What goes on within the human skull is more complex and fantastic than anyone imagined. Now science is delving deeper into what we know of the mind.
The ancient Egyptians thought so little of brain matter they made a practice of scooping it out through the nose of a dead leader before packing the skull with cloth before burial. They believed consciousness resided in the heart, a view shared by Aristotle and a legacy of medieval thinkers. Even when consensus for the locus of thought moved northward into the head, it was not the brain that was believed to be the sine qua non, but the empty spaces within it, called ventricles, where ephemeral spirits swirled about. As late as 1662, philosopher Henry More scoffed that the brain showed "no more capacity for thought than a cake of suet, or a bowl of curds."
Around the same time, French philosopher René Descartes codified the separation of conscious thought from the physical flesh of the brain. Cartesian "dualism" exerted a powerful influence over Western science for centuries, and while dismissed by most neuroscientists today, still feeds the popular belief in mind as a magical, transcendent quality.
A contemporary of Descartes named Thomas Willis—often referred to as the father of neurology—was the first to suggest that not only was the brain itself the locus of the mind, but that different parts of the brain give rise to specific cognitive functions. Early 19th-century phrenologists pushed this notion in a quaint direction, proposing that personality proclivities could be deduced by feeling the bumps on a person's skull, which were caused by the brain "pushing out" in places where it was particularly well developed. Plaster casts of the heads of executed criminals were examined and compared to a reference head to determine whether any particular protuberances could be reliably associated with criminal behavior.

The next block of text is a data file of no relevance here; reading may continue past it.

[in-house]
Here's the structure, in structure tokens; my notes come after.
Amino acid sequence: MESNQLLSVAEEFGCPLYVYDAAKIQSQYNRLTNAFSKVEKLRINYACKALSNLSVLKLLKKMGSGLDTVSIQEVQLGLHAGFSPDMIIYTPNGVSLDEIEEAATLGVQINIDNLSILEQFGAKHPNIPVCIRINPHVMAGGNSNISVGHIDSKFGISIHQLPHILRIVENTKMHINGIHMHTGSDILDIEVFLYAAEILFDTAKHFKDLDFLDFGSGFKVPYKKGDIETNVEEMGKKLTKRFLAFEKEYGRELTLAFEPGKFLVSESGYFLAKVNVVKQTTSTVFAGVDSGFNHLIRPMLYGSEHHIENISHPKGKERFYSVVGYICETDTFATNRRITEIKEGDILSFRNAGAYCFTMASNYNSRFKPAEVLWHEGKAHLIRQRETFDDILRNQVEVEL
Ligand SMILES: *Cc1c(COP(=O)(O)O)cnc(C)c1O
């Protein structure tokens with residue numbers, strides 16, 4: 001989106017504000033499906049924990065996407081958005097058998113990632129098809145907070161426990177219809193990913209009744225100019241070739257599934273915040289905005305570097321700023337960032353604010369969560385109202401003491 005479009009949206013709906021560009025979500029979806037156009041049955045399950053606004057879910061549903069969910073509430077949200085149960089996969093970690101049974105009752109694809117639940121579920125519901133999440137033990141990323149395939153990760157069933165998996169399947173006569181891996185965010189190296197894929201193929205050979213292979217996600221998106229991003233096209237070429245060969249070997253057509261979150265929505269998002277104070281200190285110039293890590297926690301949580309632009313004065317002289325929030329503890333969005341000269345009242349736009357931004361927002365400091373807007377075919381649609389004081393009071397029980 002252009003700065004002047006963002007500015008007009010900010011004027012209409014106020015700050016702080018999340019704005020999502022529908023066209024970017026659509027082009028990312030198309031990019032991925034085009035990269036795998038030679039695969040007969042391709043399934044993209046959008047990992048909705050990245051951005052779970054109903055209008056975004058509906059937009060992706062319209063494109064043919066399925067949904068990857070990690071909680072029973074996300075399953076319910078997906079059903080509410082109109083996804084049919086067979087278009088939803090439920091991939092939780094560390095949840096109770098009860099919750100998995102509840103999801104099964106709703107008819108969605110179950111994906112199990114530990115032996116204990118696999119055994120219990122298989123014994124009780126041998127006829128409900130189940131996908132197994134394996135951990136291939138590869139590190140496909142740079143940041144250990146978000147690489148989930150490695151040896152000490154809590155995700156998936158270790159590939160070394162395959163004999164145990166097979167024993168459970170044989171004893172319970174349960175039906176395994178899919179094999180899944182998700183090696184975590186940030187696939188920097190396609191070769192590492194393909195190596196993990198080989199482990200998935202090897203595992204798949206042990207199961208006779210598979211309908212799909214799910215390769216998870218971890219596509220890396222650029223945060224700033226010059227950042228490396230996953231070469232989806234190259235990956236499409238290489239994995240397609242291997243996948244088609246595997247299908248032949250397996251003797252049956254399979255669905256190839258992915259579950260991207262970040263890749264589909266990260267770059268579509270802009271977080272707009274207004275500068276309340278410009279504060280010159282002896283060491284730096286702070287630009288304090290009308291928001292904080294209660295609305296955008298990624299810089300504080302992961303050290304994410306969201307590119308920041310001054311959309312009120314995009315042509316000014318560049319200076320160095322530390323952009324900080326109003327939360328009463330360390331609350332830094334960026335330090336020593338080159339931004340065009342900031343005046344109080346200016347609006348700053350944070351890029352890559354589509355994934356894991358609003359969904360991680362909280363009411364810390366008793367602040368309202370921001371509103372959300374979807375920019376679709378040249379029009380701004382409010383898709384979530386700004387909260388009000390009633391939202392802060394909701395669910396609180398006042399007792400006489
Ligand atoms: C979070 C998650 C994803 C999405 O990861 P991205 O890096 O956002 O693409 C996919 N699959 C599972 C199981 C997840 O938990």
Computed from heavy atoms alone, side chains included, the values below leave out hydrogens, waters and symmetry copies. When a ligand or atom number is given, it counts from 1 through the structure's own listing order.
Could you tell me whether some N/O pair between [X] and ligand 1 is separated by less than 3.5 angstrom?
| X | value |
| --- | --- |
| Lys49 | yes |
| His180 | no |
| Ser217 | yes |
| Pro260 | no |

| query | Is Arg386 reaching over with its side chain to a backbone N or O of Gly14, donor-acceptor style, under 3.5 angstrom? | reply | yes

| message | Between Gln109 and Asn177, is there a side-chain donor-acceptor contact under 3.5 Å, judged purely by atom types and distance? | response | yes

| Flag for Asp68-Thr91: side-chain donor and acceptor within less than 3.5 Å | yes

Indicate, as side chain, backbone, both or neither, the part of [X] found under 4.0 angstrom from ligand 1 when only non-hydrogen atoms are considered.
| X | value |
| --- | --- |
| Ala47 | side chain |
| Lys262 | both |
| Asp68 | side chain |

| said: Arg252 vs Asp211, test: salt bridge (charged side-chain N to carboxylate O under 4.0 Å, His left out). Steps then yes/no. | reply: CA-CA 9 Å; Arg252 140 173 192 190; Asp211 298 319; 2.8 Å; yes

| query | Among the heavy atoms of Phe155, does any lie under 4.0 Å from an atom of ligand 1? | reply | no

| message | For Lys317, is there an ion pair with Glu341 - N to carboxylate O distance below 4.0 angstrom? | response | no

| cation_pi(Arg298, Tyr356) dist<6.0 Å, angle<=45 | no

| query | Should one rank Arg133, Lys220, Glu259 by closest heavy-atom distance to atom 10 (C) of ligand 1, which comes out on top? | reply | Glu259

Though absurdly unscientific even for its time, phrenology was remarkably prescient—up to a point. In the past decade especially, advanced technologies for capturing a snapshot of the brain in action have confirmed that discrete functions occur in specific locations. The neural "address" where you remember a phone number, for instance, is different from the one where you remember a face, and recalling a famous face involves different circuits than remembering your best friend's.
Yet it is increasingly clear that cognitive functions cannot be pinned to spots on the brain like towns on a map. A given mental task may involve a complicated web of circuits, which interact in varying degrees with others throughout the brain—not like the parts in a machine, but like the instruments in a symphony orchestra combining their tenor, volume, and resonance to create a particular musical effect.
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